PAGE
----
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BL-8040 clears Phase 2 safety trial
May 2016
by Lori Lesko  |  Email the author
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TEL AVIV, Israel—Aimed at developing an effective treatment—and eventual cure—for relapsed or refractory acute myeloid leukemia (r/r AML), a cancer of the blood and bone marrow, clinical-stage biopharmaceutical BioLineRx has reported successful positive top-line results following the Phase 2 clinical trial of the drug BL-8040. Detailed results will be presented at an upcoming scientific conference.
 
Approximately 19,000 new cases of AML were diagnosed in the United States in 2014, with the median age of onset at 67, according to the American Cancer Society. The first treatment line for patients with AML includes a combination of chemotherapy drugs, rendering patients weak and sick and significantly impacting their quality of life. Scientists discovered that patients’ median outcome after chemo was less than two years.
 
However, the addition of BL-8040 to the treatment resulted in another story.
 
The Phase 2 trial was a multicenter, open-label study designed to assess the safety, efficacy pharmacodynamics and pharmacokinetic parameters of BL-8040, in combination with Cytarabine (Ara-C) for the treatment of adult r/r AML patients. Forty-two patients with r/r AML were enrolled in the study, which included a dose-escalation stage followed by an expansion stage. Each patient received a once-daily dose of BL-8040 monotherapy on days one and two, followed by the same dose of BL-8040 plus Ara-C on days three to seven. Clinical response to treatment was evaluated by bone marrow biopsy on day 30. Results indicated that BL-8040, as a single agent and in combination with Ara-C, was safe and well tolerated at all doses tested, up to and including the highest dose level of 2 mg/kg, with no major adverse events.
 
“We are very enthusiastic about the positive results from the Phase 2 trial with BL-8040 for the treatment of relapsed or refractory AML,” Dr. Kinneret Savitsky, CEO of BioLineRx, stated in a press release. “We are especially excited that for the first time, we see a direct correlation between clinical response and a specific subset of the study patient population. Given that AML is a heterogeneous disease, the ability to pre-define the population that may benefit from CXCR4 inhibition is very important for future development.”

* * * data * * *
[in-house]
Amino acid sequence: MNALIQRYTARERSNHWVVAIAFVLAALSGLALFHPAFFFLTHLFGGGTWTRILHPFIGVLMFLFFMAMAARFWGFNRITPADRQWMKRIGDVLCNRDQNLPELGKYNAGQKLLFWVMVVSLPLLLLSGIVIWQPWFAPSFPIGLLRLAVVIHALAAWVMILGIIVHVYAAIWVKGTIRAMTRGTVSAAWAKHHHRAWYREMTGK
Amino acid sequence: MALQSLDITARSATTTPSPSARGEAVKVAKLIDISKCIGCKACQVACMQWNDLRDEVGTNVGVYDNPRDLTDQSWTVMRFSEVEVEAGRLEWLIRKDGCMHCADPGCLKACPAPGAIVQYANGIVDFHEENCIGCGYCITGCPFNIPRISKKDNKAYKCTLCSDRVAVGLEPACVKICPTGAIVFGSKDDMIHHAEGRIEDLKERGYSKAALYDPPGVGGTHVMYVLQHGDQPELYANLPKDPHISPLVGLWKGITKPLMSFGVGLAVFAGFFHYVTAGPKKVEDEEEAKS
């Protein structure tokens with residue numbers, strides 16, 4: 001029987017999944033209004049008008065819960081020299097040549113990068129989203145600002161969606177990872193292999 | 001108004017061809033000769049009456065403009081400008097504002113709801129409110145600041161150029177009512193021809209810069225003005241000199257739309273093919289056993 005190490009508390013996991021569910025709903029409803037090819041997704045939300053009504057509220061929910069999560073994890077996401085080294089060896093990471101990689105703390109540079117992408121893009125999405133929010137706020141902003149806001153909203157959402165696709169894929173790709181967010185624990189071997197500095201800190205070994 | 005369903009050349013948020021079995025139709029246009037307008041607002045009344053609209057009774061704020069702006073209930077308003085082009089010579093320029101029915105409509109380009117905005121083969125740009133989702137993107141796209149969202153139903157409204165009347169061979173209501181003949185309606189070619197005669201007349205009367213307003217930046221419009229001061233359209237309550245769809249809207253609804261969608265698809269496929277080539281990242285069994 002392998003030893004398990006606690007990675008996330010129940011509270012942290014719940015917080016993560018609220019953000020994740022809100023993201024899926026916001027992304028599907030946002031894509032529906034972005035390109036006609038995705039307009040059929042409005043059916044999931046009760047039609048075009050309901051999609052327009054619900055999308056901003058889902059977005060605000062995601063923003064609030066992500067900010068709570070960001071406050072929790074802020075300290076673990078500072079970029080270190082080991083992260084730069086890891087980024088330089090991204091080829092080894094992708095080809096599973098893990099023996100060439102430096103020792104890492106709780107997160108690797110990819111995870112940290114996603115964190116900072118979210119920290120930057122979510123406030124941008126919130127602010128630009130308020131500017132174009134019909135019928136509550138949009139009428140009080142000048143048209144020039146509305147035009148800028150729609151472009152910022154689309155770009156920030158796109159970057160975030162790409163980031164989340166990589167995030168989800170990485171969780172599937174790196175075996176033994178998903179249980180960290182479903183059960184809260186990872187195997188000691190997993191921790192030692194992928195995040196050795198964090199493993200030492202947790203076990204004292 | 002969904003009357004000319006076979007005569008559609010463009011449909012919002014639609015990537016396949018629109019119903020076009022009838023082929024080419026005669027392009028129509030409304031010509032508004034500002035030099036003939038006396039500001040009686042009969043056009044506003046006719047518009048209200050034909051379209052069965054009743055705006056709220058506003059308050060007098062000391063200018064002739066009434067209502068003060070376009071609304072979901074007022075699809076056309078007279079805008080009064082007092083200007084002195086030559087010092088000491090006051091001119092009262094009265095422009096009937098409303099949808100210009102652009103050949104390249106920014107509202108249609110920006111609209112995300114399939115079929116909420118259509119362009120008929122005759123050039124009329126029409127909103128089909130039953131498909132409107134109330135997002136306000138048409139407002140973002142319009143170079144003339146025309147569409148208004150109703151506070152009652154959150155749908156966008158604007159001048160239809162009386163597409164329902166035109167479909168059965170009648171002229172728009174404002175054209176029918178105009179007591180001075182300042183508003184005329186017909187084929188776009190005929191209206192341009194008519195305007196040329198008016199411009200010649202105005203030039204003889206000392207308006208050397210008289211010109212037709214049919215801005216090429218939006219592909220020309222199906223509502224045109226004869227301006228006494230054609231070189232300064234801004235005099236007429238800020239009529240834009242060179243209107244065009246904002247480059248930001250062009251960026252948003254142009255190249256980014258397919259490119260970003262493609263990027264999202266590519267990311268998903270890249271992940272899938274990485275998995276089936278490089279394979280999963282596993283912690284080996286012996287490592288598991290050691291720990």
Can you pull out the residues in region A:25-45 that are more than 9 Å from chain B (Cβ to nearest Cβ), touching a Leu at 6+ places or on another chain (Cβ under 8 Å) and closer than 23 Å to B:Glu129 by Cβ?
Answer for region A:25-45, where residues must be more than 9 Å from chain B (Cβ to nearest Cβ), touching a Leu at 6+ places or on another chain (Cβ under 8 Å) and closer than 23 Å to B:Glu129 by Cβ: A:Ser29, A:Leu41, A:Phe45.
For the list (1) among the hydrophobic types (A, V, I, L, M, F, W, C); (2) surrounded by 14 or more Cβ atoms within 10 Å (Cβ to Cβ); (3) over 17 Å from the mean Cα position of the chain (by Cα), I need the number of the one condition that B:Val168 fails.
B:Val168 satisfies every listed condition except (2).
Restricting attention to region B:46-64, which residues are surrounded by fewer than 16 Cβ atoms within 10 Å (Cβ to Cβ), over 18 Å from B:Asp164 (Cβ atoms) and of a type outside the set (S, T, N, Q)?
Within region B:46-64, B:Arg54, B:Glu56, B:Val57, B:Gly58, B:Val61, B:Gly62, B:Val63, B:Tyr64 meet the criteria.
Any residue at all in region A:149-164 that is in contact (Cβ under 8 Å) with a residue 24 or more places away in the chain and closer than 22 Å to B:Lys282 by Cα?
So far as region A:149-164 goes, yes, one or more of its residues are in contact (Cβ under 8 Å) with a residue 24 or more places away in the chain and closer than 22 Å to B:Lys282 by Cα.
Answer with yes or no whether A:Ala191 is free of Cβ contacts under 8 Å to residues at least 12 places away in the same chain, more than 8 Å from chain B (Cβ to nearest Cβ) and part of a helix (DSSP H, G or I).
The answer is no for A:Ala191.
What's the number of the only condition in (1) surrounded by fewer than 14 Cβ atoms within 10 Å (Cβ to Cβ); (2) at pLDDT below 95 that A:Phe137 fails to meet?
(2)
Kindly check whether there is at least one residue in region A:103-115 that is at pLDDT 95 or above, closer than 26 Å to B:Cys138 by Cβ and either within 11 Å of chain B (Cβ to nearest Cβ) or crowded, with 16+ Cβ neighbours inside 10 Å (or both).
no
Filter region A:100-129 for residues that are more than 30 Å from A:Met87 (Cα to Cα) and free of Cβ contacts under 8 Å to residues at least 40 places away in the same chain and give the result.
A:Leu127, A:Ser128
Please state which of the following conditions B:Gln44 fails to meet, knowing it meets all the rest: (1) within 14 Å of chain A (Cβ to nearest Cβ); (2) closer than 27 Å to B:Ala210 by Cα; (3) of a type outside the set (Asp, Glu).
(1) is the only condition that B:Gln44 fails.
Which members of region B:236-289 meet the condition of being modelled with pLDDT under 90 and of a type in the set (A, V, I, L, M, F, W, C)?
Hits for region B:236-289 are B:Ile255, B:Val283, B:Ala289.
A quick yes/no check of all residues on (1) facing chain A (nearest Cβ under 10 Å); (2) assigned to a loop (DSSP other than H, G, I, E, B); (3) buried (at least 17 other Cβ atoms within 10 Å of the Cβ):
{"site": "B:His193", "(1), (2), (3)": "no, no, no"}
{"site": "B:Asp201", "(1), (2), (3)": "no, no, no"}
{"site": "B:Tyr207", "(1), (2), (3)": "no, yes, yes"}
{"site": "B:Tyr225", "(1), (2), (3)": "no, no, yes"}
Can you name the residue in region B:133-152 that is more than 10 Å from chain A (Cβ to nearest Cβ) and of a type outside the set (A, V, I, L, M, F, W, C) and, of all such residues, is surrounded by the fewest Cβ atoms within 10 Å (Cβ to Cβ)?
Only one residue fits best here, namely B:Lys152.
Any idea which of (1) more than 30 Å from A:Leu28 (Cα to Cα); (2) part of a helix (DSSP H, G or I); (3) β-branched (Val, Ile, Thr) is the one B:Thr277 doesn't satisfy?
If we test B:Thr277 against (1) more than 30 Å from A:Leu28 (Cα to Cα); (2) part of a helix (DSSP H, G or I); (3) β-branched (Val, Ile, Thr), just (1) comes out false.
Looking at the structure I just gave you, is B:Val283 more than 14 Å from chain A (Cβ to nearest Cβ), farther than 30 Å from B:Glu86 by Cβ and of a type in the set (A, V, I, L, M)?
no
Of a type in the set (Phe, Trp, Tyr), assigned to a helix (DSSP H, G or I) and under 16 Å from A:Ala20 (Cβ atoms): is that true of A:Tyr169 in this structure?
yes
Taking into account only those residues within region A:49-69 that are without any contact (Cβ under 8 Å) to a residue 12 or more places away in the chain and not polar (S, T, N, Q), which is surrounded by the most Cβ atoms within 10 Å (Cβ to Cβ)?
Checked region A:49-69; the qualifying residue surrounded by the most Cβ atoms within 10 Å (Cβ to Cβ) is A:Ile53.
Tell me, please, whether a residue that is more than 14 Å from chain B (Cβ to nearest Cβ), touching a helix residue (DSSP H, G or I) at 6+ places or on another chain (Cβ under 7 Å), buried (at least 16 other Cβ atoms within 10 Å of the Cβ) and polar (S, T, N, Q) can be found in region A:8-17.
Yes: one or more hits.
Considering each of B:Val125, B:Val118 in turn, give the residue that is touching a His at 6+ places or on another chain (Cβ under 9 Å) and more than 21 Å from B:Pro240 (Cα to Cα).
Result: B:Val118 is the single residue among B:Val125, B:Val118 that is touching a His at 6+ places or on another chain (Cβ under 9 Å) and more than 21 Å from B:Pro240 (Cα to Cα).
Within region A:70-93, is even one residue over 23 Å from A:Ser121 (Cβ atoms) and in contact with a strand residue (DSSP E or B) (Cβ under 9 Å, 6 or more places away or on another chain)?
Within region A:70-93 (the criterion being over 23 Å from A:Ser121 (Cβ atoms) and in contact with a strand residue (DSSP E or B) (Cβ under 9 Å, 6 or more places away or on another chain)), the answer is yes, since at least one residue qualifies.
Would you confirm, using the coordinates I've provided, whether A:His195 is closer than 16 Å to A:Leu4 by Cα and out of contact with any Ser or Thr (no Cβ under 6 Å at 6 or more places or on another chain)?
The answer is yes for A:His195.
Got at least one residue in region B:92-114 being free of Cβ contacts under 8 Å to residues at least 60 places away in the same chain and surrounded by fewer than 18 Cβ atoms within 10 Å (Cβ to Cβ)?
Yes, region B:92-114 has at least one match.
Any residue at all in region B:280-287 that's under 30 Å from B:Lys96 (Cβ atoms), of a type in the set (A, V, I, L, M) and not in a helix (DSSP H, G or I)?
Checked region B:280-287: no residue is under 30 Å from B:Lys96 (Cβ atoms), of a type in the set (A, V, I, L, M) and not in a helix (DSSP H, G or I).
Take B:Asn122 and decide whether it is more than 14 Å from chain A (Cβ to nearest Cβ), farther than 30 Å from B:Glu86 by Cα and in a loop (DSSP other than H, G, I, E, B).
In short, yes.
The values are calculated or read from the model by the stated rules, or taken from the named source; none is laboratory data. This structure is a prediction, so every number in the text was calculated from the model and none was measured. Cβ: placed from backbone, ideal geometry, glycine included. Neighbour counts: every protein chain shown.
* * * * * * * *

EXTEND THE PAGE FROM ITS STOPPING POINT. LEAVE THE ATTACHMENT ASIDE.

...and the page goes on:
“The majority of high-risk AML patients achieved first complete remission relapse within one year, despite the current standard consolidation therapy,” Savitsky added. “Patients with AML relapse have a poor prognosis despite further therapy, and less than 10 percent of these patients are cured by conventional therapy.”
 
The results showed that BL-8040 “not only significantly induces mobilization of leukemic cells from the protective microenvironment of the bone marrow into the peripheral blood, but also directly leads to apoptosis of leukemic progenitor cells and triggers terminal differentiation of the cells into granulocytes,” he said.
 
Leukemic stem cells that are “dormant in the bone marrow are presumed to be a major reason for AML relapse,” Savitsky noted. “Based on the preclinical and clinical data accumulated to date, BL-8040 is anticipated to boost the efficacy of consolidation therapy due to its dual mechanism of action,” which first “induces mobilization of leukemic cells from the bone marrow, which enhances the cytotoxic effects of chemotherapy, and secondly, it possesses anti-leukemic pro-apoptotic properties that help eliminate AML cells directly.”
 
“Combined with the impressive remission rate reported from subjects receiving BL-8040 doses of 1 mg/kg or higher, the results strongly suggest that BL-8040 has potent anti-leukemic activity and, in combination with Cytarabine, may improve the response typically achieved in this advanced AML population,” he remarked. “These successful results also reinforce our excitement about BL-8040’s overall potential in the AML space, including as an AML consolidation treatment that is currently being investigated in a large Phase 2b study at approximately 25 sites in Germany. Given these positive results, we now plan to meet with the regulatory authorities to discuss the next steps in the development of this promising program.”
 
Dr. Arnon Aharon, vice president of Medical Affairs at BioLineRx, told DDNews, “With regard to the durability of the response to treatment, we are following our patients for overall survival (OS) and will publish that data once we complete the patients’ followup. We plan to continue development of BL-8040 for the treatment of AML, with an emphasis on the consolidation treatment line for which we are currently conducting a Phase 2b trial. In addition, we recently entered into an immuno-oncology collaboration with Merck under which we plan to initiate a Phase 2 clinical study to investigate BL-8040 in combination with Keytruda for the treatment of pancreative cancer.”
 
On March 23, BioLineRx announced the initiation of a Phase 2 trial for BL-8040 as a novel approach for the mobilization and collection of bone marrow stem cells from peripheral blood circulation. The study will be conducted in collaboration with the Washington University School of Medicine Division of Oncology and Hematology, and is designed to evaluate the ability of BL-8040 as a single agent to promote stem cell mobilization for allogeneic transplantation.
 
Code: E051617

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